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Catriel Lev
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Sep 2, 2012

Clint Eastwood’s Speech at the Republican National Convention, Summer, 2012

After hearing so much about it, I just viewed the video of Clint Eastwood’s speech at the Republican National Convention:

Since most left-wingers had expressed harsh criticism of Eastwood’s speech and most right-wingers had expressed strong support for the speech, I had strongly suspected that opinions expressed about the speech were more influenced by one’s political persuasion than by the quality of the speech! Being a “middle of the bird” man, myself, I have decided to present my opinion about the speech in the hope that it is a more balanced and objective opinion than those which I mentioned above.

Indeed, in my opinion, it was definitely NOT Clint Eastwood’s greatest speech ever! Eastwood is an 82 year old actor-director whose true “glory days” were 30 to 50 years ago, and he speaks slowly and sometimes appears to lose track of what he wants to say next. I am also definitely NOT a fan of foul language (like the “f-word” which was hinted at a few times in Eastwood’s speech), especially when it does not add anything, as, in my opinion, it did not add anything to the satiric speech that Eastwood was giving; but, of course, an actor in modern times using foul language is hardly unusual, and Eastwood didn’t even actually state the words, he just hinted (very strongly) at them. So, on the whole, the speech definitely did not “make my day”.

On the other hand, for an 82 year old, he presented a remarkably coherent satire of Barack Obama and his policies. Even when he stumbled, as he did several times, Clint Eastwood got back on track reasonably well and continued in a comprehensible manner! His speech definitely did not appear to me to be a “disgrace”, spoken by a sad and pathetic old-timer who has “lost it”, as those who oppose his political views seemed to think.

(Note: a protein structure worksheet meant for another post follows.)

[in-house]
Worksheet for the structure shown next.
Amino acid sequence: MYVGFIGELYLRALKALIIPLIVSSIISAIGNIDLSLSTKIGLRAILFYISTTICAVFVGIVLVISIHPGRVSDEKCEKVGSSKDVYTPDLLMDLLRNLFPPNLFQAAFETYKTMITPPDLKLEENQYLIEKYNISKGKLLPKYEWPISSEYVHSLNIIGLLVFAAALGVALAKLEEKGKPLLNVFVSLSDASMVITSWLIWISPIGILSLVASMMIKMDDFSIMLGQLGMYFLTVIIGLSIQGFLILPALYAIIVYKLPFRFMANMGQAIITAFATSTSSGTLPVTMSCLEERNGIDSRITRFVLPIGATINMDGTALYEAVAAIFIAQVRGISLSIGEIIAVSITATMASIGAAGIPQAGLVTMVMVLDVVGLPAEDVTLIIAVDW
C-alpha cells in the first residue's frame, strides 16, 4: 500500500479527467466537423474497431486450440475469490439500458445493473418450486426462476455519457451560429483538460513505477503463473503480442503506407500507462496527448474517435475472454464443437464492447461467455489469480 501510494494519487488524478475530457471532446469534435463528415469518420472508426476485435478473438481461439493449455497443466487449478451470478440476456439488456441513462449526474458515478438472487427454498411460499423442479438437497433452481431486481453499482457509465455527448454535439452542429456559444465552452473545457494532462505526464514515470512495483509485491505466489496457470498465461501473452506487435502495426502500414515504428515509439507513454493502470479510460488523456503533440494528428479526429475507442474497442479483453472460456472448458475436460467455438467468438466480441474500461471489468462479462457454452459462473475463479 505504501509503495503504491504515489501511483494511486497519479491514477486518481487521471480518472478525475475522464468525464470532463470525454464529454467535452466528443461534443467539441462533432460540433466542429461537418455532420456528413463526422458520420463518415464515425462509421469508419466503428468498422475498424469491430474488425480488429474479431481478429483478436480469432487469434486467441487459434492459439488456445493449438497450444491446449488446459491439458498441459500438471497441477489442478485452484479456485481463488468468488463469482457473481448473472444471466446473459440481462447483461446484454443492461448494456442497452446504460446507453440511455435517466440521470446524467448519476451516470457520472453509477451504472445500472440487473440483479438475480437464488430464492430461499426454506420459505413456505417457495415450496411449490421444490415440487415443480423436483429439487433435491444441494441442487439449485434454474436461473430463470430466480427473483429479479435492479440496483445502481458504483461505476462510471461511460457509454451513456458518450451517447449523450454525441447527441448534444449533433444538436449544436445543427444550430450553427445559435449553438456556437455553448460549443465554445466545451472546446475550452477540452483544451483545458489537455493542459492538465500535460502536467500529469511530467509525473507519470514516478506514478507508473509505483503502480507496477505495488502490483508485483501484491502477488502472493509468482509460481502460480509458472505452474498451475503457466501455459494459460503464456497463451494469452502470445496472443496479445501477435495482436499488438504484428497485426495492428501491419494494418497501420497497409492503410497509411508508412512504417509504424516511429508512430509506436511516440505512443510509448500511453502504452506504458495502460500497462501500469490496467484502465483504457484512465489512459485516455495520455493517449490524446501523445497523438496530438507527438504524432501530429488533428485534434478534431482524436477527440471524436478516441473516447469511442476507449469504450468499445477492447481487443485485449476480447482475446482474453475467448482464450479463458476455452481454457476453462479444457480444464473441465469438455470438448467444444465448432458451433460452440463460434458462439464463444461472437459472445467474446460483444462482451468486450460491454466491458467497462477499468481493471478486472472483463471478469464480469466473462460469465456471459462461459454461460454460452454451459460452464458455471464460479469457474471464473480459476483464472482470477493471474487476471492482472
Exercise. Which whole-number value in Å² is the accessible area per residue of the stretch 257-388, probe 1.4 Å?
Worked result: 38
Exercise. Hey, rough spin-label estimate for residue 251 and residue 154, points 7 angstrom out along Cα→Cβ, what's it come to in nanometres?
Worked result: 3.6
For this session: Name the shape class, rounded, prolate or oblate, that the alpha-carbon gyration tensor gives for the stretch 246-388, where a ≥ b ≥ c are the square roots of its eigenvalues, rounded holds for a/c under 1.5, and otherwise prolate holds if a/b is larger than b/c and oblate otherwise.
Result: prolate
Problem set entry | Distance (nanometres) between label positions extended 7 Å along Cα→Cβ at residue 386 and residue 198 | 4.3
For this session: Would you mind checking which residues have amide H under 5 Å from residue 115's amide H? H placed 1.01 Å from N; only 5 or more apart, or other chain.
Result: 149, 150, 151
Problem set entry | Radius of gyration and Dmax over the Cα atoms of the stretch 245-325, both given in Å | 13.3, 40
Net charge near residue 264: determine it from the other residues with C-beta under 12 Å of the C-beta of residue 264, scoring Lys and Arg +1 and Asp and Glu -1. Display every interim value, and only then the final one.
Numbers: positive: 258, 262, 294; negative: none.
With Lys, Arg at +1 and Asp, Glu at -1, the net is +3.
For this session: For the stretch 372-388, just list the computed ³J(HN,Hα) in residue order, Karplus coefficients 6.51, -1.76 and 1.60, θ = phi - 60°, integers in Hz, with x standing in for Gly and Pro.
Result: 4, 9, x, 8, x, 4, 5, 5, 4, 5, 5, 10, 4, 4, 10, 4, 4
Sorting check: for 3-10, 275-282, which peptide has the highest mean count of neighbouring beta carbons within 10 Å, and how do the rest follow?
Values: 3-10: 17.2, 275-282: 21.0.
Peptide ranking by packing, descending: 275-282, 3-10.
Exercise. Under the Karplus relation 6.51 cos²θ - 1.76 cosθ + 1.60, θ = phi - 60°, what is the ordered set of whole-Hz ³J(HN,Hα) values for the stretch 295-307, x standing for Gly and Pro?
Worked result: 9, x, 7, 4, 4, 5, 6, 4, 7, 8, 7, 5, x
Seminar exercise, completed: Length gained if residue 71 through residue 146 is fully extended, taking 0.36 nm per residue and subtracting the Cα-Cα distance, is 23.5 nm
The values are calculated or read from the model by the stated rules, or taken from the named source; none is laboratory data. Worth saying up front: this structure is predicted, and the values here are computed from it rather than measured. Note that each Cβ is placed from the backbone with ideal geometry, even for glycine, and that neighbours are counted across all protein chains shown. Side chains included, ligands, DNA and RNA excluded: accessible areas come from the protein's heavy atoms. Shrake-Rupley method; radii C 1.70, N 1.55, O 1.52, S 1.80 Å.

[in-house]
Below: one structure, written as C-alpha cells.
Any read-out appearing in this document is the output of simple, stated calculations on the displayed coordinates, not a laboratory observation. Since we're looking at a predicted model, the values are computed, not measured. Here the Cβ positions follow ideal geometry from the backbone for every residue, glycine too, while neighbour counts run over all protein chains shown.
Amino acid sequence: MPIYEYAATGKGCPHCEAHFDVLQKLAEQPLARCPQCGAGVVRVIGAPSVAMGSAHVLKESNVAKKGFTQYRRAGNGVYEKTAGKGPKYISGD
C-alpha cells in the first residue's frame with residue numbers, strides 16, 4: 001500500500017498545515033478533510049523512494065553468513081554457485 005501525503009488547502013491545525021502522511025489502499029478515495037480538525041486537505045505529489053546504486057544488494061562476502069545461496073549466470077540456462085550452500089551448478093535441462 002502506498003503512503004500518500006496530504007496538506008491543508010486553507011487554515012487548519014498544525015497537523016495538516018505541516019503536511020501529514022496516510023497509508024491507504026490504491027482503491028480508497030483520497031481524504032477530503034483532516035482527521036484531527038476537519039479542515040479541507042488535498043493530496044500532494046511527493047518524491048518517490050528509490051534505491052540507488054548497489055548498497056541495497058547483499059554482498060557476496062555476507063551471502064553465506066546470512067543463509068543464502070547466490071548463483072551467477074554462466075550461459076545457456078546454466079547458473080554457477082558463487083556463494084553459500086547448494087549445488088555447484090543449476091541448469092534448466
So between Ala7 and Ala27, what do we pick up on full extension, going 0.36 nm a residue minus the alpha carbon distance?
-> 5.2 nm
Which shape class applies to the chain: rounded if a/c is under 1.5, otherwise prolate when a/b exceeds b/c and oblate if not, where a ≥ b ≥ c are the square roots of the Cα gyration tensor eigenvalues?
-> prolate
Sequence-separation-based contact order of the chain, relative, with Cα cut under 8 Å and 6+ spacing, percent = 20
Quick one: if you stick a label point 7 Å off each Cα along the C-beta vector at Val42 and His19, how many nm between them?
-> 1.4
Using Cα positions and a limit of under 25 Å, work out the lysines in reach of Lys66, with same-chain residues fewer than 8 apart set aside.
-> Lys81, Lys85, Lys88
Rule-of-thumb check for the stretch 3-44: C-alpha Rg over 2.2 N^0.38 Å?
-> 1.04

I  am certain that someone else could have put together a better satire, but that is true about almost every satire, or speech (or anything else in the world): someone else with a little more intelligence, a bit cleverer humor, or a little more pizzazz, could have done it better!

Regarding the complaints about Clint Eastwood’s use of an empty chair to represent Barack Obama, I found them kind of amusing. The empty chair, like Doonesbury comic strip’s use of an empty cowboy hat to represent George W. Bush, was simply a satiric method of emphasizing how little actual content there is to the “satiree” (i.e., the person being satirized)! You can agree or disagree with that assessment of the “satiree”, but it is certainly not an illegitimate or crazy manner of making that point. Indeed, I would not be surprised if the person who prepared Eastwood’s “right-wing” speech got the idea from the Doonesbury “left-wing” comic strip.

So, all in all, I found Clint Eastwood’s speech to be a reasonable effort satirizing Barack Obama, and indicating his support for Mitt Romney, even though it was not really to my taste.

And, once again, with regard to the extreme criticism (and some of the extreme praise) of Eastwood’s speech, it seems we have an example of commentators’ political views affecting their assessment of the quality of someone’s performance.

1 comment:

  1. Yeah, and the partisan coverage was even worse on other parts of the convention, where each side accuses the other of lying and worse. On Eastwood's speech there were plenty of right wingers like Michael Barone who thought it was an incoherent, ineffective buzz-kill between Rubio & Romney. But the speech went viral and for many viewers who avoid politics it's their only exposure to the right's point of view. Which may be the scariest thing about the performance.